Indian fans started the ‘Toti Tila’ anthem. The “Aussie Aussie Aussie Oi Oi Oi” chant was yet to be heard. By the time everyone took their seats, Sharma once again bowled one of his prodigious inswingers to uproot Peirson’s off stump in the first over. Passi received an ovation he probably will never receive in his career from the swimming pool end. But once again it was Sharma who struck in his next over trapping Bancroft LBW to leave Australia at 2-8. This brought Australia’s best batsman to the crease in Kurtis Patterson. The left hander resembles Adam Gilchrist, in his stance, cover drives and power.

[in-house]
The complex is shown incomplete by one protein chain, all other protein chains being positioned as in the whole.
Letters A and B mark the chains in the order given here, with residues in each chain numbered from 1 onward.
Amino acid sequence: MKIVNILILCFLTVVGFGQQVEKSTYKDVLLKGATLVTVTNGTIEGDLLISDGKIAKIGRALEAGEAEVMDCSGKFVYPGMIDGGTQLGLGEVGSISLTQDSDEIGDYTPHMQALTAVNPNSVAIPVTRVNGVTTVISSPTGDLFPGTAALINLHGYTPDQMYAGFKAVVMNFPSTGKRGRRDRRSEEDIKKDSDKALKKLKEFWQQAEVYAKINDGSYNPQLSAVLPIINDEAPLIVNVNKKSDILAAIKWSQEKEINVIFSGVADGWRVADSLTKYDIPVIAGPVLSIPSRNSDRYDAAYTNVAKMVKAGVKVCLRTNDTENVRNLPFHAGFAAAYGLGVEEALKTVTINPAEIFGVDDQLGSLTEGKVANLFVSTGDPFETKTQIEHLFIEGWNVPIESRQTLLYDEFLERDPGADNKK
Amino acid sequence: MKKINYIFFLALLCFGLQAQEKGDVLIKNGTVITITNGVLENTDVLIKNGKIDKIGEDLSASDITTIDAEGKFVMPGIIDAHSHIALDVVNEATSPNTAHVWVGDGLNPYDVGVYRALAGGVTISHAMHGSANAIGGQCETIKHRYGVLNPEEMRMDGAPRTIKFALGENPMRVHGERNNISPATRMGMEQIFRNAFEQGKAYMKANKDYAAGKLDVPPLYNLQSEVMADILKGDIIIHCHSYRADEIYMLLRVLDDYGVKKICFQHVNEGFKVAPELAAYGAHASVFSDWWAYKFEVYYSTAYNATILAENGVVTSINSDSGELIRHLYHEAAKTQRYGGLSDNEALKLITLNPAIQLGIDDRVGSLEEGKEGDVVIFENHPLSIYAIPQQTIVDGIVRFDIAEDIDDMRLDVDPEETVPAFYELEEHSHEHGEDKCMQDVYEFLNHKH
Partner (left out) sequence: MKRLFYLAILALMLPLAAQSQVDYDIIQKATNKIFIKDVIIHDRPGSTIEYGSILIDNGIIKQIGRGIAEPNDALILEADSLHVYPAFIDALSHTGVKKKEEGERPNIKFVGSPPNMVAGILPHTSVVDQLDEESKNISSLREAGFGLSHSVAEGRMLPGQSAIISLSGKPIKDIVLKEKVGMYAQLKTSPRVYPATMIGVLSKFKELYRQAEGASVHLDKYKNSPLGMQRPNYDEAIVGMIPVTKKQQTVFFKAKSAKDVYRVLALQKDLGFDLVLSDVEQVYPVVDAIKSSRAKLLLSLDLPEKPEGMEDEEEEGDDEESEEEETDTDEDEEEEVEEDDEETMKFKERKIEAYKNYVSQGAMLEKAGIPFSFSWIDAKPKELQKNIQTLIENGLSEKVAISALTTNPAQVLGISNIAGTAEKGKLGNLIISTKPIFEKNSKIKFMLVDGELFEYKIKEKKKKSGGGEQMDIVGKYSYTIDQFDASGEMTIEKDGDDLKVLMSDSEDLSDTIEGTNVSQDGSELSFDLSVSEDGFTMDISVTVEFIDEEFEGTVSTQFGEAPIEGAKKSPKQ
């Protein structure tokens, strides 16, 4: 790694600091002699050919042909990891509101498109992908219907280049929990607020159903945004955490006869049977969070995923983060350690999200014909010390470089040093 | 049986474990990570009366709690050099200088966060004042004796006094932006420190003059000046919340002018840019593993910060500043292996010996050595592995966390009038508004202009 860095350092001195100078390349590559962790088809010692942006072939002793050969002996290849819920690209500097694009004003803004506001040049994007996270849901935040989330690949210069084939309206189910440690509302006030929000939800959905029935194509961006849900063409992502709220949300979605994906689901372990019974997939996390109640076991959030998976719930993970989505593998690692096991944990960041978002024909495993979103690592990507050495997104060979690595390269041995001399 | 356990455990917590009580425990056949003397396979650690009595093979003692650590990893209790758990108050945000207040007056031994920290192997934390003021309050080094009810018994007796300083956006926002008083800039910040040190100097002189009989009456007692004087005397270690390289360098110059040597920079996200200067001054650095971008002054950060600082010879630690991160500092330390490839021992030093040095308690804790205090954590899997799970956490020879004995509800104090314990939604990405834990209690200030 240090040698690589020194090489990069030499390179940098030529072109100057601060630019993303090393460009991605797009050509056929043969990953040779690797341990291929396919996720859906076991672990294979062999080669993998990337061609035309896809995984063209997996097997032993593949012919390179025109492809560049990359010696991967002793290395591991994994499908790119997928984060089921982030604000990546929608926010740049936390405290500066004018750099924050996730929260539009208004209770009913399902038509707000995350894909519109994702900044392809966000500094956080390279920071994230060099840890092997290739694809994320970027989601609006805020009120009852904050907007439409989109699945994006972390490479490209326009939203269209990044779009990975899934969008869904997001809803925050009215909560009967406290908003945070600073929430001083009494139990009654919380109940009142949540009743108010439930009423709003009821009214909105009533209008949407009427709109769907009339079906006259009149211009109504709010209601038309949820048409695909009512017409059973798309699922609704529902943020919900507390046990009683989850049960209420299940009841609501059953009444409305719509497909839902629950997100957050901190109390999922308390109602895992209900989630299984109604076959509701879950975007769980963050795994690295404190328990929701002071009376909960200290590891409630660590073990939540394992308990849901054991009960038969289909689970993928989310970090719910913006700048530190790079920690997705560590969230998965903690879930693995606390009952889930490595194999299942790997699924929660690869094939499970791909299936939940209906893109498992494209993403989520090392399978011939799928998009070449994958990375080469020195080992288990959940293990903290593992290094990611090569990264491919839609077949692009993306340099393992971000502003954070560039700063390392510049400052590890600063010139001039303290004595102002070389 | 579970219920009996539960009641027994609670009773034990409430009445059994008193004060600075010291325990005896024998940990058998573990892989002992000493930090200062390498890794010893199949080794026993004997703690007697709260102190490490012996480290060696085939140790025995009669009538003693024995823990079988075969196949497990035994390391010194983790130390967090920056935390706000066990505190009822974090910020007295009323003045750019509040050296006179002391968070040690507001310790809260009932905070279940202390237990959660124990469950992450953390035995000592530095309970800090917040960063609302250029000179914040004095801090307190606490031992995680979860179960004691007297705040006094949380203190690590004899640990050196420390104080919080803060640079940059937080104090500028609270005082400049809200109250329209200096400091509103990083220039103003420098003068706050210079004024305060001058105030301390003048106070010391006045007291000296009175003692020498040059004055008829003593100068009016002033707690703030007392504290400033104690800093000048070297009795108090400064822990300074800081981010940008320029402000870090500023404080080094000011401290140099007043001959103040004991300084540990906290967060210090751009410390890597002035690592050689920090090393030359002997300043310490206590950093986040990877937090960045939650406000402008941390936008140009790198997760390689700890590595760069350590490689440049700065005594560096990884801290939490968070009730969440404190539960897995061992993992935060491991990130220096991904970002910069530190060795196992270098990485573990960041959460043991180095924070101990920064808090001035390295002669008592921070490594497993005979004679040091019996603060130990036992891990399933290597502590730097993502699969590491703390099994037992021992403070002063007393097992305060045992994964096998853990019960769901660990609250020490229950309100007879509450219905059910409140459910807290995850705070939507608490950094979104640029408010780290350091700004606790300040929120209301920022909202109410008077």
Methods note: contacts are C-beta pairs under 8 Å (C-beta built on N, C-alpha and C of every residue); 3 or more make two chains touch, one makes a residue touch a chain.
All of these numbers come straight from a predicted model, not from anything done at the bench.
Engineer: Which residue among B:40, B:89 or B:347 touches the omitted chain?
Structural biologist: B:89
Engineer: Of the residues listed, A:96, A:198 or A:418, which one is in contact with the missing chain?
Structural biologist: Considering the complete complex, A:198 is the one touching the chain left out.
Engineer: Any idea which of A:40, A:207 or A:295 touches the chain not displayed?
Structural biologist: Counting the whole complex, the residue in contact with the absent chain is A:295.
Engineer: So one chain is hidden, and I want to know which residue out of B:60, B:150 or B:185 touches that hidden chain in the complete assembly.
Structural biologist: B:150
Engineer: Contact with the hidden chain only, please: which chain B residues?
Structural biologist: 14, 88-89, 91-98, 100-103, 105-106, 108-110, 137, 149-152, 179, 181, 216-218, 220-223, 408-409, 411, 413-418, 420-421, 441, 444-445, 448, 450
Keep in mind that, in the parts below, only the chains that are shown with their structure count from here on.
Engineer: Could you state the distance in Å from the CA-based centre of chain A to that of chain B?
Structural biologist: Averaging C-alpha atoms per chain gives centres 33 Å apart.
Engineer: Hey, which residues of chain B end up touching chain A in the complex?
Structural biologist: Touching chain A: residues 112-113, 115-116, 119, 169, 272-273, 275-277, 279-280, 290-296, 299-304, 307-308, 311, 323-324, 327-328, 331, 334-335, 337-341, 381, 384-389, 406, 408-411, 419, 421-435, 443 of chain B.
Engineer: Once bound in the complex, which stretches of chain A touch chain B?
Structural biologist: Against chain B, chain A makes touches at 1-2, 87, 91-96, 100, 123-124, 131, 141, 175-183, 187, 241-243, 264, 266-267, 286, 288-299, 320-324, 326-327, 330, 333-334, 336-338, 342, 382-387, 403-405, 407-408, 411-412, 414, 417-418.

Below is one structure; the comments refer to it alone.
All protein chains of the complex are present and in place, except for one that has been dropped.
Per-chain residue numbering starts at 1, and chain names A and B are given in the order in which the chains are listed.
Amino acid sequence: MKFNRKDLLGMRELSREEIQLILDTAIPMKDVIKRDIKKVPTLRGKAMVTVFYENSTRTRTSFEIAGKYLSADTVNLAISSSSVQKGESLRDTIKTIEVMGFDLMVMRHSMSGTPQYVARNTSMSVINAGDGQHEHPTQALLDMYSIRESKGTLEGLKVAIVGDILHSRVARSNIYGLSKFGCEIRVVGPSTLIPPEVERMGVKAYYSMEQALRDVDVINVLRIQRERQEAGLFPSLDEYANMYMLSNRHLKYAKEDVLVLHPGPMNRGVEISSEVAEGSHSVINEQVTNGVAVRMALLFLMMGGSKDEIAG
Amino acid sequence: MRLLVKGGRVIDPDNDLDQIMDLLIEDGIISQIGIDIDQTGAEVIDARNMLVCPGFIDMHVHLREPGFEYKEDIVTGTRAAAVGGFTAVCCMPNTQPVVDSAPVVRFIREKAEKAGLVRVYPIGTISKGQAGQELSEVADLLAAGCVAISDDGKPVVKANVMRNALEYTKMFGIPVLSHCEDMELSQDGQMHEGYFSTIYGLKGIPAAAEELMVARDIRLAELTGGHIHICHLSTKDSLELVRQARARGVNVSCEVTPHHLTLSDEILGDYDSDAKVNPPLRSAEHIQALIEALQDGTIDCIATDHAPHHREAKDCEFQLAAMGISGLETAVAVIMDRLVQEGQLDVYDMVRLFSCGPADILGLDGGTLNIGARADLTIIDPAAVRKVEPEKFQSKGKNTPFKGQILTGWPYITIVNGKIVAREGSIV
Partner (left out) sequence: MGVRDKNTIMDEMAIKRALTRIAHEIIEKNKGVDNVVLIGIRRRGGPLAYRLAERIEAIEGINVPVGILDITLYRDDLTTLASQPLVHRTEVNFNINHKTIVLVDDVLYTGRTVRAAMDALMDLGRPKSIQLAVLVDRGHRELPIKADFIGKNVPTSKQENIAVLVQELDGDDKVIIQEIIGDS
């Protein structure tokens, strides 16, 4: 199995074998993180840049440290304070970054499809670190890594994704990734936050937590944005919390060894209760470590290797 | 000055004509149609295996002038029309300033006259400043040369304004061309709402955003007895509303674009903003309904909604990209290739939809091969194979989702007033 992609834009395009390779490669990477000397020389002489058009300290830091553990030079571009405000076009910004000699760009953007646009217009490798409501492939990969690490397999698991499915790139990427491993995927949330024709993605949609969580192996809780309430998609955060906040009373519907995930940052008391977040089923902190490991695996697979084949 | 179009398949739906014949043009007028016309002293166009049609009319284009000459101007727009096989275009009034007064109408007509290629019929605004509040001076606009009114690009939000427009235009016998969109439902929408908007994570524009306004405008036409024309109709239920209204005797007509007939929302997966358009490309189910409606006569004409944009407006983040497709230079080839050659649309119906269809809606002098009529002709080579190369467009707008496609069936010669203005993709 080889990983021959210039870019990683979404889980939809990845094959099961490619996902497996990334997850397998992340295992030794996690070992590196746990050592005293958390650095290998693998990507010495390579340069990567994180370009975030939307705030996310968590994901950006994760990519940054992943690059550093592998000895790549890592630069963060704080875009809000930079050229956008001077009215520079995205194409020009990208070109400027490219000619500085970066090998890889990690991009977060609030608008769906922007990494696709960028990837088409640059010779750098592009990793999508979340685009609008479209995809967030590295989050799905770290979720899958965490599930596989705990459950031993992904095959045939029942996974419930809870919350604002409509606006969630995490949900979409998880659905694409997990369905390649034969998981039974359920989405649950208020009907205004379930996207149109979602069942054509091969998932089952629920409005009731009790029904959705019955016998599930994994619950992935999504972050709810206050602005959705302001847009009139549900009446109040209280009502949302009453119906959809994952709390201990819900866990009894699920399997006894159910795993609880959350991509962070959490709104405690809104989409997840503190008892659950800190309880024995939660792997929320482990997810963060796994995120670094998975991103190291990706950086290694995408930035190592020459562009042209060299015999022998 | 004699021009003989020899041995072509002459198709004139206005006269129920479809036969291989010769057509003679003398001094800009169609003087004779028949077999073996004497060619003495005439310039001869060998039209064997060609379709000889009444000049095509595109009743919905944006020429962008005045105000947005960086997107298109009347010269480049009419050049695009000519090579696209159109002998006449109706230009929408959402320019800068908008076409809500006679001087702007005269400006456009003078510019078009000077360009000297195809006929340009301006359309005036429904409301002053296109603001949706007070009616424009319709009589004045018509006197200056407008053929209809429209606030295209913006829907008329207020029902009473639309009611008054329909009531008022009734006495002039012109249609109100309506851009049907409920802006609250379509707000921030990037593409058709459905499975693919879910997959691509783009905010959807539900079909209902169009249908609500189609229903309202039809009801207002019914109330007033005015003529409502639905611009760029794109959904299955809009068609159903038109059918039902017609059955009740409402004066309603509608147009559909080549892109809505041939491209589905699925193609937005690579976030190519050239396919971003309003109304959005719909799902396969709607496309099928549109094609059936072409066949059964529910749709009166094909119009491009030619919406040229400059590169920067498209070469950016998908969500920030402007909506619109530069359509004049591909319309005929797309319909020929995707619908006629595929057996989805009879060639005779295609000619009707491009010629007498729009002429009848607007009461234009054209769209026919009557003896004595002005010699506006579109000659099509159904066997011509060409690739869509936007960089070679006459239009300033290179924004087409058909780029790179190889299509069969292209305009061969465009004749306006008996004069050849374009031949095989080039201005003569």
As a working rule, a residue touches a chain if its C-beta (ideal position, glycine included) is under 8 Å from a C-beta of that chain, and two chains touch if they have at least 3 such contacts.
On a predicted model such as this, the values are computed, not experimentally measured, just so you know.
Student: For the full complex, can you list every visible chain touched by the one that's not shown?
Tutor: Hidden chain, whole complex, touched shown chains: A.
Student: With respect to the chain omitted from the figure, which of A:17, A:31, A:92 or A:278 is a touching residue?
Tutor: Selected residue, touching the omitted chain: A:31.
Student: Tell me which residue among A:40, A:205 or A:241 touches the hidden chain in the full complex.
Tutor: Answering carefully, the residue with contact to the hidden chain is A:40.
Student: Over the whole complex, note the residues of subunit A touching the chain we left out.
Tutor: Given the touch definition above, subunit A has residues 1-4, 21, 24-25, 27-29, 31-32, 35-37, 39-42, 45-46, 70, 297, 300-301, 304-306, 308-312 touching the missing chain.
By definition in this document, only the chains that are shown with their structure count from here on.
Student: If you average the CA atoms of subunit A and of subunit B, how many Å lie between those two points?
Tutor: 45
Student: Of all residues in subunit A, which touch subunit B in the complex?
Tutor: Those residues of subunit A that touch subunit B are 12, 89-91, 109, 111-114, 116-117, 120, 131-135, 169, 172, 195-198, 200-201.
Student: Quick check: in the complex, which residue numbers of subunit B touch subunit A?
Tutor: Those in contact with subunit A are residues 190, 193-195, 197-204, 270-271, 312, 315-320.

Patterson provided the much-needed impetus racing along to 16 off 22 balls. Chand decided to turn to spin to prevent the counter attack from Patterson.

Aparajith recalls the incident. “Patterson was going well and since he was a left-hander, I would be taking the ball away from him, so Unmukt decided to give me the ball to change it up. I knew he was going to sweep from the start, he was a good sweeper and scored lots of runs against us in India via the sweep shot. I decided to bowl it really full, an almost yorker and he premeditated the sweep and got himself into a tangle. He missed the ball and it crashed into the stumps.”

In the next over, Ravikant got the edge of Buchanan’s bat and Australia was in a spot of bother at 4-38 in the final. The crowd was elated and loving it.

Ravikant would be bowling to the chants of ‘Ravikant, Ravikant’ at each ball.